Alex Bowman Scores First Xfinity Series Victory
After sitting on the sidelines for nearly a year, Alex Bowman made the most out of his first NASCAR Xfinity Series start of the season and walked out of Charlotte Motor Speedway with his first-career series victory with a win in Saturday night's rain-delayed Drive for the Cure 300.
Bowman passed William Byron with 32 laps to go and led the rest of the way, beating out Sam Hornish, Jr. by 1.4 seconds in his Chip Ganassi Racing-owned no. 42 Chevrolet for his first victory in his 51st series start.
Ryan Blaney, Austin Dillon and Brennan Poole rounded out the top five in the last race of the Round of 12 in the Xfinity Series playoffs.
Bowman, who hasn't turned a lap in the Xfinity Series since last season's finale at Homestead-Miami Speedway, received a celebratory phone call from his future car owner Rick Hendrick as he pulled into Victory Lane.
"It feels amazing to finally get us one. It's a dream come true," said Bowman. "I've got to thank Mr. Hendrick and Chip (Ganassi) and everybody that made this possible. To come here and be as competitive as we were, I was really pleased.
It certainly has been a week of firsts for Bowman.
Just Thursday night, he was on hand along with Dale Earnhardt, Jr. to unveil the paint scheme for Bowman's new no. 88 Cup Series ride that he'll inherit next season following Earnhardt's retirement.
Since finishing the season finale at Homestead in both the Cup and Xfinity Series, Bowman has made just a single start this season – a sixth-place finish in the Truck Series race at Atlanta back in March.
"It's been a long time since I've raced," said Bowman. "I was terrible on pit stops. I didn't do a good job on pit road but I felt like our restarts were pretty good."
Saturday night's race marked the final race in the opening three-race Round of 12 for the Xfinity Series playoffs, with four drivers facing elimination going into the next round.
Brendan Gaughan entered this weekend's race with a two-point deficit to Ryan Reed for the eighth and final transfer spot to the Round of 8 while Michael Annett trailed Gaughan by five points.
Following a nearly five-hour rain delay, the green flag waved just after 8 pm with Joe Gibbs Racing teammates Daniel Suarez and Erik Jones leading the charge – combining to lead 118 of the 200 lap distance and winning the first and second 45-lap stages.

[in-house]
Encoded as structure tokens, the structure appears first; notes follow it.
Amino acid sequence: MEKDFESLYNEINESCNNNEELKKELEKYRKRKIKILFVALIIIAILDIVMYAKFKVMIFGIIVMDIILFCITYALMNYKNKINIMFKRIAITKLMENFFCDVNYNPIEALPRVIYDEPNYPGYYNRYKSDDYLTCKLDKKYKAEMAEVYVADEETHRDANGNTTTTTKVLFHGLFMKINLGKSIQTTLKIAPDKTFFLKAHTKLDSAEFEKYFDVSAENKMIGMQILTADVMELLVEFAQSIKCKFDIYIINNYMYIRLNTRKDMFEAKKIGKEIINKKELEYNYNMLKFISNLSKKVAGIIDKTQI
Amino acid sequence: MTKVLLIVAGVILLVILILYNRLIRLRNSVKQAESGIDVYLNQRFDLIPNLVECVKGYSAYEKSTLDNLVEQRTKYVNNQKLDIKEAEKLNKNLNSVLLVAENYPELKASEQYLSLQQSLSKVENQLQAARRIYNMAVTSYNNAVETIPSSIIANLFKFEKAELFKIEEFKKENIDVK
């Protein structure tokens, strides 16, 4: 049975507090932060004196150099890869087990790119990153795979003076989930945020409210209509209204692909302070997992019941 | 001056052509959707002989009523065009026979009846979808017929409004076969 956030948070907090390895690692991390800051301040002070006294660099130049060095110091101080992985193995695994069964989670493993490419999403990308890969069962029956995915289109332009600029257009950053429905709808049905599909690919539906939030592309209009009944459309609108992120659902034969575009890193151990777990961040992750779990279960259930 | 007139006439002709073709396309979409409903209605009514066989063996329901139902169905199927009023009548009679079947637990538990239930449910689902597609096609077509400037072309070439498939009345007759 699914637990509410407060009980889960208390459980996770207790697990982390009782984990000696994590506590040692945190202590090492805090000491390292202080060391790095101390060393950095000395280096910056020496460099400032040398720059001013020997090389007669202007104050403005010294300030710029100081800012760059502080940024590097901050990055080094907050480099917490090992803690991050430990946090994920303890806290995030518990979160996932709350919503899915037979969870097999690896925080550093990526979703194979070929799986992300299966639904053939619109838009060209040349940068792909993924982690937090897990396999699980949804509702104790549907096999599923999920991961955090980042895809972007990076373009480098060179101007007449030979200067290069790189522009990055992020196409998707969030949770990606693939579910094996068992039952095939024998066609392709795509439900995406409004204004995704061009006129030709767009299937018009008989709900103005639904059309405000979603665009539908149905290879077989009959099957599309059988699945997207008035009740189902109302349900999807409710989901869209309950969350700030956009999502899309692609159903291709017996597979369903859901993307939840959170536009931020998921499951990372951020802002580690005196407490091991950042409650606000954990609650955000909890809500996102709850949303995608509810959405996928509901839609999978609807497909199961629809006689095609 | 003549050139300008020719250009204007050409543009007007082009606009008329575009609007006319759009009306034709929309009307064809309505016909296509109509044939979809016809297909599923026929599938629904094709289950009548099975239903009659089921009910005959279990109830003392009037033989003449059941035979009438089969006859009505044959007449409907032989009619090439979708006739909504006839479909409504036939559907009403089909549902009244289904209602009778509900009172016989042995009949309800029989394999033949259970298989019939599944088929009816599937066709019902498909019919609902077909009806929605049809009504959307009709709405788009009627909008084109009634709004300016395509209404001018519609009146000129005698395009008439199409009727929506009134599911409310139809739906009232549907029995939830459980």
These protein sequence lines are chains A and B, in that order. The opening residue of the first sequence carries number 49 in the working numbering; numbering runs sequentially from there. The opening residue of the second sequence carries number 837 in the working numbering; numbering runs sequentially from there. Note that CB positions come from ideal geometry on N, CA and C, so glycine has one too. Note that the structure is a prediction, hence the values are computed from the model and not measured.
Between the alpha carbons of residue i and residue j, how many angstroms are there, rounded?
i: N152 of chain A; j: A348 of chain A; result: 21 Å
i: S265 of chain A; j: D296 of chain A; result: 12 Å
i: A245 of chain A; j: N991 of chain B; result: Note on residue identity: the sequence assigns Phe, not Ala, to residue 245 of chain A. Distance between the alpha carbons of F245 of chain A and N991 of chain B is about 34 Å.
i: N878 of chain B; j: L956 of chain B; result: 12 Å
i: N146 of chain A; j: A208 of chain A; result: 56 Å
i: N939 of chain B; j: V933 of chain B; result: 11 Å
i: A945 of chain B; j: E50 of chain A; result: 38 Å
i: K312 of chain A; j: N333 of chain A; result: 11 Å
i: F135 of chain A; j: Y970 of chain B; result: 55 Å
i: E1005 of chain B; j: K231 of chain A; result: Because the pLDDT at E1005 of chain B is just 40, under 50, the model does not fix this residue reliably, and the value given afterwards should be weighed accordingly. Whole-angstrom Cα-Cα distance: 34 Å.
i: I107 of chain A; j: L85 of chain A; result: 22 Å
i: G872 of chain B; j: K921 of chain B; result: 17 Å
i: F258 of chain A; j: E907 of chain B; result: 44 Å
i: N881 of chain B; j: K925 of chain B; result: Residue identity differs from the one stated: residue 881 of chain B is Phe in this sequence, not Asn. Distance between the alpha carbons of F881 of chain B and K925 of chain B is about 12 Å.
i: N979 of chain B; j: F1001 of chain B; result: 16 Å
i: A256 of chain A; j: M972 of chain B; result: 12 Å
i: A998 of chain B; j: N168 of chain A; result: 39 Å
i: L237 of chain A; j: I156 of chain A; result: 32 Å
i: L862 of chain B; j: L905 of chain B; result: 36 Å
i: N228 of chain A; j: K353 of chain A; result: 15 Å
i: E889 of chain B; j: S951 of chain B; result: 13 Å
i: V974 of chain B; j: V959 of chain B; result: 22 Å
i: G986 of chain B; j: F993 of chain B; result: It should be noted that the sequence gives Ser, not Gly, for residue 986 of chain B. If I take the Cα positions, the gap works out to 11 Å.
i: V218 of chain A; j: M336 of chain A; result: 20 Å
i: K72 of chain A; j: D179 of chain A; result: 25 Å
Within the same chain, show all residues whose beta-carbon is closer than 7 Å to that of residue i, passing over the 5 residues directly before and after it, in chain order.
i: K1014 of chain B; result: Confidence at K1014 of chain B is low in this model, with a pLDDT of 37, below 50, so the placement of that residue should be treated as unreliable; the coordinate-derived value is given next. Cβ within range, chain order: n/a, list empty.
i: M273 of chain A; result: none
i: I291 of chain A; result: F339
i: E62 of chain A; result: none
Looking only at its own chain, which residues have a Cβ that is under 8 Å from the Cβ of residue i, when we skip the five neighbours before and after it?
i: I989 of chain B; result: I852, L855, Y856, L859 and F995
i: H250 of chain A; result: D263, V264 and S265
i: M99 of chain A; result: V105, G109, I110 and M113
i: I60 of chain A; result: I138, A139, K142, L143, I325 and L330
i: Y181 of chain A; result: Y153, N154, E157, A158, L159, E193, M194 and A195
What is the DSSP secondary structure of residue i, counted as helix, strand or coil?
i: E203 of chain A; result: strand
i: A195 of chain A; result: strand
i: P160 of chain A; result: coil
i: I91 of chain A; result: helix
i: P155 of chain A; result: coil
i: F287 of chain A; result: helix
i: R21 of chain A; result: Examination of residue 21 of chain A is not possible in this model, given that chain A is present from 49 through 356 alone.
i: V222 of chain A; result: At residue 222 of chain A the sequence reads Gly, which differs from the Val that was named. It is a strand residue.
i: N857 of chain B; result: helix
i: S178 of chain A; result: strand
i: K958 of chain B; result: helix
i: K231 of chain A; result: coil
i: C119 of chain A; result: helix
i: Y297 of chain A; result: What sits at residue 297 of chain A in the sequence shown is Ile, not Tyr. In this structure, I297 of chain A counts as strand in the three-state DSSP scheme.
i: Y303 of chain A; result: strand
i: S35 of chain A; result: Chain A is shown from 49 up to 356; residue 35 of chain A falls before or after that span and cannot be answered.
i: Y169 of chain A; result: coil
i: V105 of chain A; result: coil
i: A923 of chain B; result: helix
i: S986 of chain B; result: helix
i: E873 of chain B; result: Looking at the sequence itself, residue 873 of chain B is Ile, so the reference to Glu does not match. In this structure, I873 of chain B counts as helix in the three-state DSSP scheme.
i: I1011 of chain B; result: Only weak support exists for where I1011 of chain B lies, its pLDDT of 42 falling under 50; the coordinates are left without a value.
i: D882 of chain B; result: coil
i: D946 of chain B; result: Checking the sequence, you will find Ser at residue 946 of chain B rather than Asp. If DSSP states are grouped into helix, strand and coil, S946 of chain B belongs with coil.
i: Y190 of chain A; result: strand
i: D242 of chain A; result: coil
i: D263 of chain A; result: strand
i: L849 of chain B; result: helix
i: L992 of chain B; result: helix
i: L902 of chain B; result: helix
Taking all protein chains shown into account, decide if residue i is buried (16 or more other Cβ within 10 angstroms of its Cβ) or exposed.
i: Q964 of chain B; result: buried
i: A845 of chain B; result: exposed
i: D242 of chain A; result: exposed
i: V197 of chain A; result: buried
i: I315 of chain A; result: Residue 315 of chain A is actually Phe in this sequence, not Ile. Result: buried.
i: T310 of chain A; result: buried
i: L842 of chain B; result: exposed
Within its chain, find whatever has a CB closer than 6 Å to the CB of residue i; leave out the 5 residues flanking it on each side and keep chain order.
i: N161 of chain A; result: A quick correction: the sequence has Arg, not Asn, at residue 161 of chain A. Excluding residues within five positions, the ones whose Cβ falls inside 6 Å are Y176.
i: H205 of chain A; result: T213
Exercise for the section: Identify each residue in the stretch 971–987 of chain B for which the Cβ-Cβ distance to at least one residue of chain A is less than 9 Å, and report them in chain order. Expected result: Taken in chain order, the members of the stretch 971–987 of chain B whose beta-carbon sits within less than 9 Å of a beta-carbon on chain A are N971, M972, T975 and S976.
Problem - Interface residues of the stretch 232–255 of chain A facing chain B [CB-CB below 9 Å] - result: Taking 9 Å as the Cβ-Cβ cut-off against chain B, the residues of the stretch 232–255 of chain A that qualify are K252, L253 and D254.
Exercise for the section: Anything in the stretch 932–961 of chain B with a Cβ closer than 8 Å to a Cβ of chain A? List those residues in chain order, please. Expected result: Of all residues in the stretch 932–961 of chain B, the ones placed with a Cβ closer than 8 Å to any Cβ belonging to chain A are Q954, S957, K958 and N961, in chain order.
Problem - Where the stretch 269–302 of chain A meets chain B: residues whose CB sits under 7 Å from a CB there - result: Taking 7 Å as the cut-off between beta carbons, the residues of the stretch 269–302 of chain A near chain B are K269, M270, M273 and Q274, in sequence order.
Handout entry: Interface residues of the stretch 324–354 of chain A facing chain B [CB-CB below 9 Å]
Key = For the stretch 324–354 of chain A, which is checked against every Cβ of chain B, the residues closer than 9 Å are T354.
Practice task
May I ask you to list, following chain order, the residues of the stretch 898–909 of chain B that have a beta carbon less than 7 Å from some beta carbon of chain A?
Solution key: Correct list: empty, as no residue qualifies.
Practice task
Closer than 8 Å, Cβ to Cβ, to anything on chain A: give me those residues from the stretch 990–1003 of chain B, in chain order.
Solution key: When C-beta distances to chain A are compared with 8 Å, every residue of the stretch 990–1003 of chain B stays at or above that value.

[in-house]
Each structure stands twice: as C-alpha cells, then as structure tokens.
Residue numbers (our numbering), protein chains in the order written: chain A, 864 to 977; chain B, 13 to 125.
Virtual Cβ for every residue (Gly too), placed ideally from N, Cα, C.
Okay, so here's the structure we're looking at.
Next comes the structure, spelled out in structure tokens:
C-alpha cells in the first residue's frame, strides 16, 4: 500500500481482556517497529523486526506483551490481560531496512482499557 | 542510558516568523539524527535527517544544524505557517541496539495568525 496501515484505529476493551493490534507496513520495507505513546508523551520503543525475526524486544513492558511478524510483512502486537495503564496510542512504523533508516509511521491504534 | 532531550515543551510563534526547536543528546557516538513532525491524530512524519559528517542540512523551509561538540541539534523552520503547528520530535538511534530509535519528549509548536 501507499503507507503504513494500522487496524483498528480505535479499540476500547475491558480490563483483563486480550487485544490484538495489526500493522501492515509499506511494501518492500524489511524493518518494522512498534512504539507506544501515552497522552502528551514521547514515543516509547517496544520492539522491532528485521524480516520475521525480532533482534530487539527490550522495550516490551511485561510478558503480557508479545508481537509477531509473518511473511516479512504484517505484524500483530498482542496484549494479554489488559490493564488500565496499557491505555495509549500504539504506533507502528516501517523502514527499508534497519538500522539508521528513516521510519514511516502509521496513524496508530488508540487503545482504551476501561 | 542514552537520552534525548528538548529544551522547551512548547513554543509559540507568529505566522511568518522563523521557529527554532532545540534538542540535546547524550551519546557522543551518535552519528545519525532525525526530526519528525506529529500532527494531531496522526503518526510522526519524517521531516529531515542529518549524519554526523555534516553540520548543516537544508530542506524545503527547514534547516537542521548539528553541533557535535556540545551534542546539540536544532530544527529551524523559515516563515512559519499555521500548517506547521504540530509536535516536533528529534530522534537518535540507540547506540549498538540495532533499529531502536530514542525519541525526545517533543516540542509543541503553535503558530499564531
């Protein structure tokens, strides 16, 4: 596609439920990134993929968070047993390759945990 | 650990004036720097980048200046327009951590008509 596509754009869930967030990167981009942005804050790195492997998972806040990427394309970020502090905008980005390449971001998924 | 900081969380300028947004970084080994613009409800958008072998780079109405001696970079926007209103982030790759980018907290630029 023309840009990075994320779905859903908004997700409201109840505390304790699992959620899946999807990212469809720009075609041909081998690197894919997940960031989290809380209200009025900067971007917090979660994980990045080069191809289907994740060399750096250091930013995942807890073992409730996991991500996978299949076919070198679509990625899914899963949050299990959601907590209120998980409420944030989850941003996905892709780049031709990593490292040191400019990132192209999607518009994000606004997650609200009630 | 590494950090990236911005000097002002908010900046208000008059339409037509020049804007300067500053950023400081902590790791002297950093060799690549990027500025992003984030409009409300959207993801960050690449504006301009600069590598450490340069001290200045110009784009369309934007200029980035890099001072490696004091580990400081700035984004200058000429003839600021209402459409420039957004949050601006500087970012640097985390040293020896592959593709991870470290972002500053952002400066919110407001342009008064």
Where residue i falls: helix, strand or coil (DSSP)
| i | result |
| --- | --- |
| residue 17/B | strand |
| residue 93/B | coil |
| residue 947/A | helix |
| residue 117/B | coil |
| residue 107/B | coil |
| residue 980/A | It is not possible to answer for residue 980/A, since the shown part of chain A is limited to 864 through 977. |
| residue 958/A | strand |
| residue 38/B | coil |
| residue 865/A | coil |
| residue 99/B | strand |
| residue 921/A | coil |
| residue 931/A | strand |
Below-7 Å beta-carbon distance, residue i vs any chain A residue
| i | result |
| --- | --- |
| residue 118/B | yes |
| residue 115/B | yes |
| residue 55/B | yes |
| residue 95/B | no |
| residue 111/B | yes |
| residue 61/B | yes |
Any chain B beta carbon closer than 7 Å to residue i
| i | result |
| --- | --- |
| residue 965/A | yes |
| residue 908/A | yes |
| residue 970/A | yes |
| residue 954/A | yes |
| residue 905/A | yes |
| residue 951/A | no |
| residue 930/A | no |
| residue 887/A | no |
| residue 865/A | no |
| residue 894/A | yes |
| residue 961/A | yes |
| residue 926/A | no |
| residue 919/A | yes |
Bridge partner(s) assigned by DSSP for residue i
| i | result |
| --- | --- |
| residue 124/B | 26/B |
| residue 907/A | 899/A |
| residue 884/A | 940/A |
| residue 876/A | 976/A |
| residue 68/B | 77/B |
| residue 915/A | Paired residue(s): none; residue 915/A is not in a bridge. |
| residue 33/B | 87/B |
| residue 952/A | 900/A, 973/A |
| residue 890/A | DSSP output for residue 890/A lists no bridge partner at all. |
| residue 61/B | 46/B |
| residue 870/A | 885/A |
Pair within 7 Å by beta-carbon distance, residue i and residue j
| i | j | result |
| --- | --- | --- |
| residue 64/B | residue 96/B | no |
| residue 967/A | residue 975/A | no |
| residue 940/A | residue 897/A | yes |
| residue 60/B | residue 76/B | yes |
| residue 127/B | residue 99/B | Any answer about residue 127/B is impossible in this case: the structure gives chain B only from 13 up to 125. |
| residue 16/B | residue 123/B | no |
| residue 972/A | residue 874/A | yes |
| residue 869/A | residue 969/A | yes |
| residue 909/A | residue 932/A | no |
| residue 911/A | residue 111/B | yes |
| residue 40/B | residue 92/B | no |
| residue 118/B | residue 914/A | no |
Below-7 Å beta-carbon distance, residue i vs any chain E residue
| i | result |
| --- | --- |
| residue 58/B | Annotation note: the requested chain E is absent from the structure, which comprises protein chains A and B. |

As the race enter the final stage, both Suarez and Jones saw their chances to win the race slip through their fingers – Jones with a spin in turn two on lap 122 and Suarez with a slow pit stop with 38 laps to go.
With the two JGR cars out of contention, Blaney and William Byron stepped up and led the field through the final rounds of pit stops.
Looking to hold on to their tenuous position in the playoff standings, Gaughan and his crew saved their last set of tires for the final pit stop and began clicking off positions hoping to stay ahead of Reed for the final playoff spot.
Gaughan managed to track down Reed and make the pass to pull to within one point of the final transfer spot, but couldn't reel in Elliott Sadler to earn one more position and ended up falling short by a single point.
"There's a reason we're close in points because we've been close all year on the racetrack," said Gaughan, who shook Reed's hand on pit road following the race. "It was a good run, we had a decent season, I wouldn't say great, but we're going to go on and see if we can't win some races."
Annett, meanwhile, also gambled on tire strategy late in the race but also fell short after spinning out with 34 laps and ended up finishing 27th.
Jeremy Clements was also eliminated as was Blake Koch, who had to manhandle his car for almost the entire race after his power steering pump went out on lap 15.
Byron takes over the points lead as the series head in the next round in two weeks at Kansas Speedway. Justin Allgaier, Daniel Hemric, Cole Custer, Sadler, Poole, Matt Tifft and Reed all advanced to the second round.
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